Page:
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May 28, 2003

Liberals will let ROH expansion 'go ahead'
McGuinty wants hospitals to stay in public hands


Mohammed Adam
The Ottawa Citizen


Wednesday, May 28, 2003


Despite his vow to scrap public-private sector partnerships in health
care,
Liberal leader Dalton McGuinty says the Royal Ottawa Hospital's planned
$100-million expansion will go ahead.

Mr. McGuinty told the Citizen that the Liberal party understands very
well
the need for a new mental health facility in Ottawa to serve Eastern
Ontario
and would do nothing to jeopardize the project, which is to be built
using a
combination of public and private funds. He said all such projects
currently
under way in the province would not be cancelled.

However, he said a Liberal government would explore every opportunity to

return such hospitals to public hands.

"Those are projects that are important to the communities and we
recognize
the need. The projects will go ahead," he said.

"What I take issue with is the mechanism. We believe in public ownership
and
public financing (of health care). I will take these hospitals and bring

them inside the public sector."

Mr. McGuinty warned recently that if the Liberals are elected in the
provincial election now expected in the fall, they will stop private
sector
financing of hospitals, the so-called P3s, which the Conservative
government
is pushing as the way of the future.

Mr. McGuinty believes that public-private sector partnerships in health
care
would ultimately cost the province more money than traditional
arrangements.
He says such arrangements would be discontinued and the hospitals
returned
to full public ownership.

In effect, the Liberals plan to buy them back. He said, however, that a
Liberal government would not rush to end these arrangements to ensure
that
taxpayers are not saddled with heavy financial penalties.

Despite the assurances, the Liberal policy has raised concerns in
Ottawa,
where the ROH is only weeks away from announcing a private-public sector

partnership under which a developer will build a new state-of-the-art
mental
health centre and lease it back to the hospital. The ROH board has
selected
the winning consortium and approved design of the new hospital.

Still, George Langill, president and CEO of the ROH, says he prefers the
P3
approach. He says a public-private sector partnership will allow the ROH
to
save money, sidestep the need to raise its share of capital costs worth
about $20 million, and help build the hospital much more quickly.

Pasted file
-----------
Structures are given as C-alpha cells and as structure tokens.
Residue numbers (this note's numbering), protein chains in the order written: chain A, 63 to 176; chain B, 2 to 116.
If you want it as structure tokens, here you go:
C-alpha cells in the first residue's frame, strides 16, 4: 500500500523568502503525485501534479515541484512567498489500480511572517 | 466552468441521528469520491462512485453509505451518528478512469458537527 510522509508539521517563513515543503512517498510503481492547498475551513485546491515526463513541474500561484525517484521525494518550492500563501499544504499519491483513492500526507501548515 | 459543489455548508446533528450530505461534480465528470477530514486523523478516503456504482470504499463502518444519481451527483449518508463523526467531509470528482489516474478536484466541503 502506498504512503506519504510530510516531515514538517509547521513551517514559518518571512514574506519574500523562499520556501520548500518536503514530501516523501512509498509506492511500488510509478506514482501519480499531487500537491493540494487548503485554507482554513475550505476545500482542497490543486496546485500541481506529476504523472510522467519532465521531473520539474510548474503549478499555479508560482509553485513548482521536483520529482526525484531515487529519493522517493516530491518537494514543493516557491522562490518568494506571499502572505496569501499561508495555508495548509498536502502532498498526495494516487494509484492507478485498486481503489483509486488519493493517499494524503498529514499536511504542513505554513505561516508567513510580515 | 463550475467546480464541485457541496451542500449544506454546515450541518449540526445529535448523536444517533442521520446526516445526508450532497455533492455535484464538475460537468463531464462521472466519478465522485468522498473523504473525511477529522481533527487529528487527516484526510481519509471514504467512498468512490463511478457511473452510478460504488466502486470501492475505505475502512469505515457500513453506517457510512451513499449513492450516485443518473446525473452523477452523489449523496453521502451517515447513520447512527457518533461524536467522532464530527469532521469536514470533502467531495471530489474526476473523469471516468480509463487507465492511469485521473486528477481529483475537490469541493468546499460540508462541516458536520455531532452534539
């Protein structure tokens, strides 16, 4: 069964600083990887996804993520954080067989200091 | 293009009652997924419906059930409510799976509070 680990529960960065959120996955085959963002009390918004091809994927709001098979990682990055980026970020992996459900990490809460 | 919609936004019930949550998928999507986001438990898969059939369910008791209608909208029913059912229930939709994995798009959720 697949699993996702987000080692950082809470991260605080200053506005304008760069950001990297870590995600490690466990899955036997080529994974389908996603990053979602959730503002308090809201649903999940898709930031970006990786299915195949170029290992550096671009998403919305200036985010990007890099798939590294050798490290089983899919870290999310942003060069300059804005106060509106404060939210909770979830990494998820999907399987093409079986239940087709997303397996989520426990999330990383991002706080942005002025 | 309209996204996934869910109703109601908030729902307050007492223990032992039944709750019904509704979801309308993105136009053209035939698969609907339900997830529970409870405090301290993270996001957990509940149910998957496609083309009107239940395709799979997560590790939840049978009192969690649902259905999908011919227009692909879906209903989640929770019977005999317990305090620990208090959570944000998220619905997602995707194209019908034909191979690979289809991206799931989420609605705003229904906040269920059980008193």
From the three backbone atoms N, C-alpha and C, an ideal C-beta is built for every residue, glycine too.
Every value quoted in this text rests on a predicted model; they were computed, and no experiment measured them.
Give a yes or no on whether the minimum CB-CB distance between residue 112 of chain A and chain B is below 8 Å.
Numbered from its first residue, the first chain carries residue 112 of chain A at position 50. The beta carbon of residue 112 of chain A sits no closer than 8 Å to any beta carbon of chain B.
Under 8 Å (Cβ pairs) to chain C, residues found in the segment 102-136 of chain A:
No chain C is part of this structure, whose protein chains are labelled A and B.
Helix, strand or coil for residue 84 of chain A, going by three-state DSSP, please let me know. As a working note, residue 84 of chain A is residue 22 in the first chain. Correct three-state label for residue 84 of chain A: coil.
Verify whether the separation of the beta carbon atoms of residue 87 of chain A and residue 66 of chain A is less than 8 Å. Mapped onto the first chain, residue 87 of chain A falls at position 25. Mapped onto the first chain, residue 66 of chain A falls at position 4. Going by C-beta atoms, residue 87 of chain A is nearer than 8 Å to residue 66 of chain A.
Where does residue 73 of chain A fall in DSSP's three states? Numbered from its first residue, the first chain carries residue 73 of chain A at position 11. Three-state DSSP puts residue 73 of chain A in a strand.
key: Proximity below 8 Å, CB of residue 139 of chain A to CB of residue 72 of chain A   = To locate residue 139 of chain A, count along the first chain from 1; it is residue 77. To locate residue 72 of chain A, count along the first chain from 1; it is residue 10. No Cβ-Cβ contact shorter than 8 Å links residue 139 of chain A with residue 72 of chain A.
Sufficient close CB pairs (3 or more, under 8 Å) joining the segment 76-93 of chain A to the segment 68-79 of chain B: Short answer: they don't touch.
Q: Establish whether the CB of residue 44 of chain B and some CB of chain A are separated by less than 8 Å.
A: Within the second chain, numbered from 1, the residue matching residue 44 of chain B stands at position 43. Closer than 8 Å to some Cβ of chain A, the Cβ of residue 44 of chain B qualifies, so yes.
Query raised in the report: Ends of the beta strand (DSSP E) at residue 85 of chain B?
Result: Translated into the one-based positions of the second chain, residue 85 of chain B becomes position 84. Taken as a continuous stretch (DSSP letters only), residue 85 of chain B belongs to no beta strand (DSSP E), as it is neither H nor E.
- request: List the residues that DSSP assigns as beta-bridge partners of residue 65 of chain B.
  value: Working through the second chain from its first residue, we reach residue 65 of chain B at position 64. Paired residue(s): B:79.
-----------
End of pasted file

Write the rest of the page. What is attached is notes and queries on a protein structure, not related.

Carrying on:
"We have an opportunity to pioneer a new approach to capital
development. It
is a better approach than the traditional way. I am hoping that politics

isn't the reason we have to divert from this," Mr. Langill said at a
meeting
with the Citizen editorial board yesterday.

He said capital requirements for Ontario hospitals now top $8 billion
and in
an era when governments do not have billions of dollars to spare,
public-private sector partnerships offer the best hope for capital
expansion.

"No matter how well-intentioned Mr. McGuinty is to do things through the

traditional approach, there is just no money to do everything. Eight
billion
dollars is a lot of money to find without putting Ontario in a deficit,"
Mr.
Langill said.

The Conservative government announced plans for Ontario's first
privately
built and owned hospitals in Brampton and Ottawa two years ago. The $350

million William Osler Health Centre in Brampton and the new ROH would be

built by private capital and leased to the hospitals.

Private-sector investors will run everything from the physical plant to
services such as food and maintenance. The hospitals will be responsible
for
patient care.

Under the plan, a private consortium will build a new mental health
hospital
on the 10-hectare site on Carling Avenue. Other commercial development,
such
as stores, doctors' offices and possibly housing will fill the rest of
the
site.

The ROH will enter into a 66-year lease with the developer, but within
20 to
24 years, the main building would revert to ROH ownership because it
would
have been paid for. At the end of the 66 years, the entire site would be

owned by ROH.

Plans for a new mental hospital began in 1999, when a consultant
reported
that renovating the existing hospital would cost $115 million.
Renovations
would take about seven years and future maintenance costs would remain
high.
But with a new hospital costing $100 million, the hospital took that
option.

Copyright 2003 The Ottawa Citizen